Now PwC resigns as Oceana’s external auditor

Resignation follows ‘strained relationship’ and comes ahead of a meeting in which shareholders were to discuss whether to retain PwC.
Image: Reuters/Danish Siddiqui

The troubles at JSE-listed fishing group Oceana continue, with yet another resignation.

This time it’s the group’s external auditor PwC, which resigned from the role on Friday. Oceana confirmed PwC’s resignation in a Sens on Monday.

Read: Oceana confirms FSCA investigation

“Shareholders are now advised that late afternoon, Friday May 27, 2022 PwC resigned as auditors of the group with immediate effect in respect of the audit of the financial year ending September 2022, due to their assessment of significant doubt as to whether there was objective and transparent communication between the board and PwC given the strained relationship, which they assert constituted a significant impairment of their independence,” the group said.

PwC’s resignation comes ahead of a meeting, taking place today (Monday), in which Oceana shareholders were to discuss whether to retain PwC as external auditors.

“Shareholders are referred to the Sens announcement of May 5, 2022 wherein due to the significant number of votes exercised against the reappointment of the company’s external auditors… [PwC], the company undertook to consult with shareholders. The consultation is scheduled for today, Monday May 30, 2022,” the fishing group noted in its latest JSE statement.

“In the Sens, the board acknowledged the strained relationship with its auditors,” it added.

This latest resignation by PwC follows Oceana’s former CEO, Imraan Soomra, resigning with immediate effect in mid-February.

Soomra’s exit came just weeks after Oceana placed its CFO Hajra Karrim on a “precautionary” suspension.

Oceana’s troubles have escalated over the last few years, with several delays in publishing its last financial results (eventually published in March), due to the group having to implement forensic investigations.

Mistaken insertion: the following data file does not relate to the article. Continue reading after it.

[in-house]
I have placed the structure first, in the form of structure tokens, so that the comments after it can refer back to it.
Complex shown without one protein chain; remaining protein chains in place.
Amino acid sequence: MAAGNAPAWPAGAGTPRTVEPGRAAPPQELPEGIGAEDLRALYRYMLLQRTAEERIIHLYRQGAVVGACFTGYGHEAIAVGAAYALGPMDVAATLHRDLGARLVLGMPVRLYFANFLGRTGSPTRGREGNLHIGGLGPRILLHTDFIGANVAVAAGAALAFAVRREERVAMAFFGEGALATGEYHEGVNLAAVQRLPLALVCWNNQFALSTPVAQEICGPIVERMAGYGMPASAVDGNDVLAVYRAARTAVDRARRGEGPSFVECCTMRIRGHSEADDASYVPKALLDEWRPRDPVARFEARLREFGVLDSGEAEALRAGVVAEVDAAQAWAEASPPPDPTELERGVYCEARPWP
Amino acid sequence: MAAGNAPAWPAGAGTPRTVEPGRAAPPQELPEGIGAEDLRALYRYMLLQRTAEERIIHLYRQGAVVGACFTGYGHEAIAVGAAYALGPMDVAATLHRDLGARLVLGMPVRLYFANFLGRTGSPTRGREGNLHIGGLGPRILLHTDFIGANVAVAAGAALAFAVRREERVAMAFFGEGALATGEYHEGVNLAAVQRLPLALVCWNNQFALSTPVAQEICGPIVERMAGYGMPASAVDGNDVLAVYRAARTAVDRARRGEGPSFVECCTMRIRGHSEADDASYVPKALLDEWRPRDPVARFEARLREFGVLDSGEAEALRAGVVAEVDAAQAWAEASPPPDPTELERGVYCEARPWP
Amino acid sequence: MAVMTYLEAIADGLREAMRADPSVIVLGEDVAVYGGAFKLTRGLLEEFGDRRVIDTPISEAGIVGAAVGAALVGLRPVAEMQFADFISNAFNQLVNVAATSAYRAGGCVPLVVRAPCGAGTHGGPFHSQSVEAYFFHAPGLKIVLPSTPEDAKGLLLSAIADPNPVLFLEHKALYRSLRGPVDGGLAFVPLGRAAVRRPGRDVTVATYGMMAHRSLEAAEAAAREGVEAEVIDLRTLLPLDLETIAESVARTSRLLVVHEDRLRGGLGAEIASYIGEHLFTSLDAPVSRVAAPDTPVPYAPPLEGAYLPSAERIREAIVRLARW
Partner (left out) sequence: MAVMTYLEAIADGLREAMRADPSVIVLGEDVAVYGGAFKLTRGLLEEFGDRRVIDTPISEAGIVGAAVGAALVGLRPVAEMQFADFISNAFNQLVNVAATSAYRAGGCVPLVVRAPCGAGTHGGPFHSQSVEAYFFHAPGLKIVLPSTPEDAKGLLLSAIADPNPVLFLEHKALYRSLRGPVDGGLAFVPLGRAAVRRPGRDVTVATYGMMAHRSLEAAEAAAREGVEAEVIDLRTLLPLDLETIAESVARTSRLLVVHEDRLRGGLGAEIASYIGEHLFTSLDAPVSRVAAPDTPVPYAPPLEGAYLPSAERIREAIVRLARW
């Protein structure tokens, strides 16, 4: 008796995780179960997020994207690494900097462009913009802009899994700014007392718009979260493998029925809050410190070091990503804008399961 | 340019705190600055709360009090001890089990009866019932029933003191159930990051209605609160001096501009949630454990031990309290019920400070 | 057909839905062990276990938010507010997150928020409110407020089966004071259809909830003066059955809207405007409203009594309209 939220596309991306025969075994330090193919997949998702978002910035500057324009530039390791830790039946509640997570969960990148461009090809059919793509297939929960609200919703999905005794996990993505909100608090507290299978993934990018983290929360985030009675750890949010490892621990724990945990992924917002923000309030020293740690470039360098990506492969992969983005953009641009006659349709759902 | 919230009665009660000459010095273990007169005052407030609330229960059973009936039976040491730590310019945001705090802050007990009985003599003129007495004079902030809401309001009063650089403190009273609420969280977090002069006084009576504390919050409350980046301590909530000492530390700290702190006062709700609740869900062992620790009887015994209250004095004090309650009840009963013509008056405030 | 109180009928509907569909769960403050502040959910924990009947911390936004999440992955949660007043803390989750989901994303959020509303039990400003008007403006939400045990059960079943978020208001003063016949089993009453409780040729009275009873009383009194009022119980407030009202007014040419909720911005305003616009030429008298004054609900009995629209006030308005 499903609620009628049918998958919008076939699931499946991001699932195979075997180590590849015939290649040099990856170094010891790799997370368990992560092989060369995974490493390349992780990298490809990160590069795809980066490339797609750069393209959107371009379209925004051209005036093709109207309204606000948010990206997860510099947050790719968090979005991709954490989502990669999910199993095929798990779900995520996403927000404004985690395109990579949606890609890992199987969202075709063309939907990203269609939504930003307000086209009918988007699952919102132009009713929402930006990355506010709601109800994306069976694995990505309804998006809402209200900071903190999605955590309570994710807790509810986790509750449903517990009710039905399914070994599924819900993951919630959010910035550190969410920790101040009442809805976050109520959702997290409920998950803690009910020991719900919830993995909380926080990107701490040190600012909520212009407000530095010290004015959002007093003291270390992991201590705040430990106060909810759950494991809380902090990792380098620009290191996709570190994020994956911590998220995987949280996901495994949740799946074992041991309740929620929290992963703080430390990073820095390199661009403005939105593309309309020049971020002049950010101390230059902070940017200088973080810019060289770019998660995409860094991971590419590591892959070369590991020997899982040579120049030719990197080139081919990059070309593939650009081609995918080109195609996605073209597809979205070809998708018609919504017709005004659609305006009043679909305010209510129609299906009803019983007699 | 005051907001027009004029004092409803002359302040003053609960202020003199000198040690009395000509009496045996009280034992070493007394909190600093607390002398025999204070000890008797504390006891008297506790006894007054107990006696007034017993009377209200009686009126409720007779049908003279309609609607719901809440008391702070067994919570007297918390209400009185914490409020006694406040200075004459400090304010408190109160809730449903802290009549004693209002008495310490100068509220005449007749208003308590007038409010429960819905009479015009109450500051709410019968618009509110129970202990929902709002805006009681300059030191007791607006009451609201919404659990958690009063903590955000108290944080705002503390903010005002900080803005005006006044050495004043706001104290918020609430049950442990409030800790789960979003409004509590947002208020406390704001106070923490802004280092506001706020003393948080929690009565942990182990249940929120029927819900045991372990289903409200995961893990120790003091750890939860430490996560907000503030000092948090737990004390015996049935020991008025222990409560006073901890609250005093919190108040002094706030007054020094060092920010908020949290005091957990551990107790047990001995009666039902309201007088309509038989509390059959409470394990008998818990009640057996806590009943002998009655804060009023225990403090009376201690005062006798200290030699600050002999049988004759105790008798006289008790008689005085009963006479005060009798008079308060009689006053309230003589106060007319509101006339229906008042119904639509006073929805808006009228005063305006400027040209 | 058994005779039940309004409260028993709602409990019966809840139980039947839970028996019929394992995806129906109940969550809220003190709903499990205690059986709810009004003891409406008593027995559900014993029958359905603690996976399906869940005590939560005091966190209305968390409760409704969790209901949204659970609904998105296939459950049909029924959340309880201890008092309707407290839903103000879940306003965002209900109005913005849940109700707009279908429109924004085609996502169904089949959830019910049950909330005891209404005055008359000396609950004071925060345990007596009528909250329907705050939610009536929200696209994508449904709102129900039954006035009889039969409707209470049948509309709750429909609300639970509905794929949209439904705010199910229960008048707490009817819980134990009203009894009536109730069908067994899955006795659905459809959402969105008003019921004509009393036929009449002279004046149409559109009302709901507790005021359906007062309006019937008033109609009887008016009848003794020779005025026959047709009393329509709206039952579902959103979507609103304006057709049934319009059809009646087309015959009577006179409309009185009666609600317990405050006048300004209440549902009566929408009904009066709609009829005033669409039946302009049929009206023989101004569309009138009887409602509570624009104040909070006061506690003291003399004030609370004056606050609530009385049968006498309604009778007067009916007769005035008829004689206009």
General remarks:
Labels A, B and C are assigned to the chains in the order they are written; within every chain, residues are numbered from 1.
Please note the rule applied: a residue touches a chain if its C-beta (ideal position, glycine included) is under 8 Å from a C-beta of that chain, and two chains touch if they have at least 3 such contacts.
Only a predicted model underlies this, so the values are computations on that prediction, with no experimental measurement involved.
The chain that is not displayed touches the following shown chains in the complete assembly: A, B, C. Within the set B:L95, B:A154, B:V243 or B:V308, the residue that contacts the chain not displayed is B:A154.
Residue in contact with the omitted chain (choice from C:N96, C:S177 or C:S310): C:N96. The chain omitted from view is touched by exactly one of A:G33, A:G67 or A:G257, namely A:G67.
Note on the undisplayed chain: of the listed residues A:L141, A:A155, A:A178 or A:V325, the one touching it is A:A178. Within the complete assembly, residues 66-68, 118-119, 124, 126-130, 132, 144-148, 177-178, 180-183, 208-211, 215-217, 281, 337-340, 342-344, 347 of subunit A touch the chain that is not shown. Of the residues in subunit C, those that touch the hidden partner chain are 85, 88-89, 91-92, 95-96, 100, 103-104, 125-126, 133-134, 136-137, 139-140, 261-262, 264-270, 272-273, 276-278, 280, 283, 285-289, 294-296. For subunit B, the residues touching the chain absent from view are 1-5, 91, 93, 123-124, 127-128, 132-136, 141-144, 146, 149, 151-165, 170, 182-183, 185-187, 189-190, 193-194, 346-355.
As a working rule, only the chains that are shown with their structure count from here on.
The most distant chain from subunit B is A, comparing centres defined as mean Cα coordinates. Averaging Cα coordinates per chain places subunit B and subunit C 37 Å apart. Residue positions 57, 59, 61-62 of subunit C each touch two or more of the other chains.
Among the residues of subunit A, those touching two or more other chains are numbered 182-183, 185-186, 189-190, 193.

Read:
Oceana CEO Imraan Soomra resigns with immediate effect
A conflict of interest and possible corruption

The forensic investigations were largely related to the group’s United States fishing interests in Westbank Fishing LLC, which is held by Daybrook Fisheries Inc, a wholly owned subsidiary.

Meanwhile, following PwC’s resignation, the group reiterated its support for mandatory audit firm rotation.

“The board supports the principle of mandatory audit firm rotation and recognises the importance of appointing competent and independently minded auditors,” Oceana said in its latest Sens statement.

“To this end, and as a contingency to the outcome of the shareholder consultation process, the board had already begun a process to identify a potential alternative to PwC. Discussions with one of the ‘Big Four’ auditing firms have been progressed and the company is confident that it will be able to appoint new auditors within the required 40 business days, and subject to regulatory requirements,” it added.

Besides PwC, the other auditing giants that make up the so-called ‘Big Four’ in SA include Deloitte, KPMG and EY.

Oceana said that its consultation with shareholders, planned for Monday May 30, would “proceed to provide shareholders with an opportunity to engage with the [group’s] Audit Committee on this important matter”.

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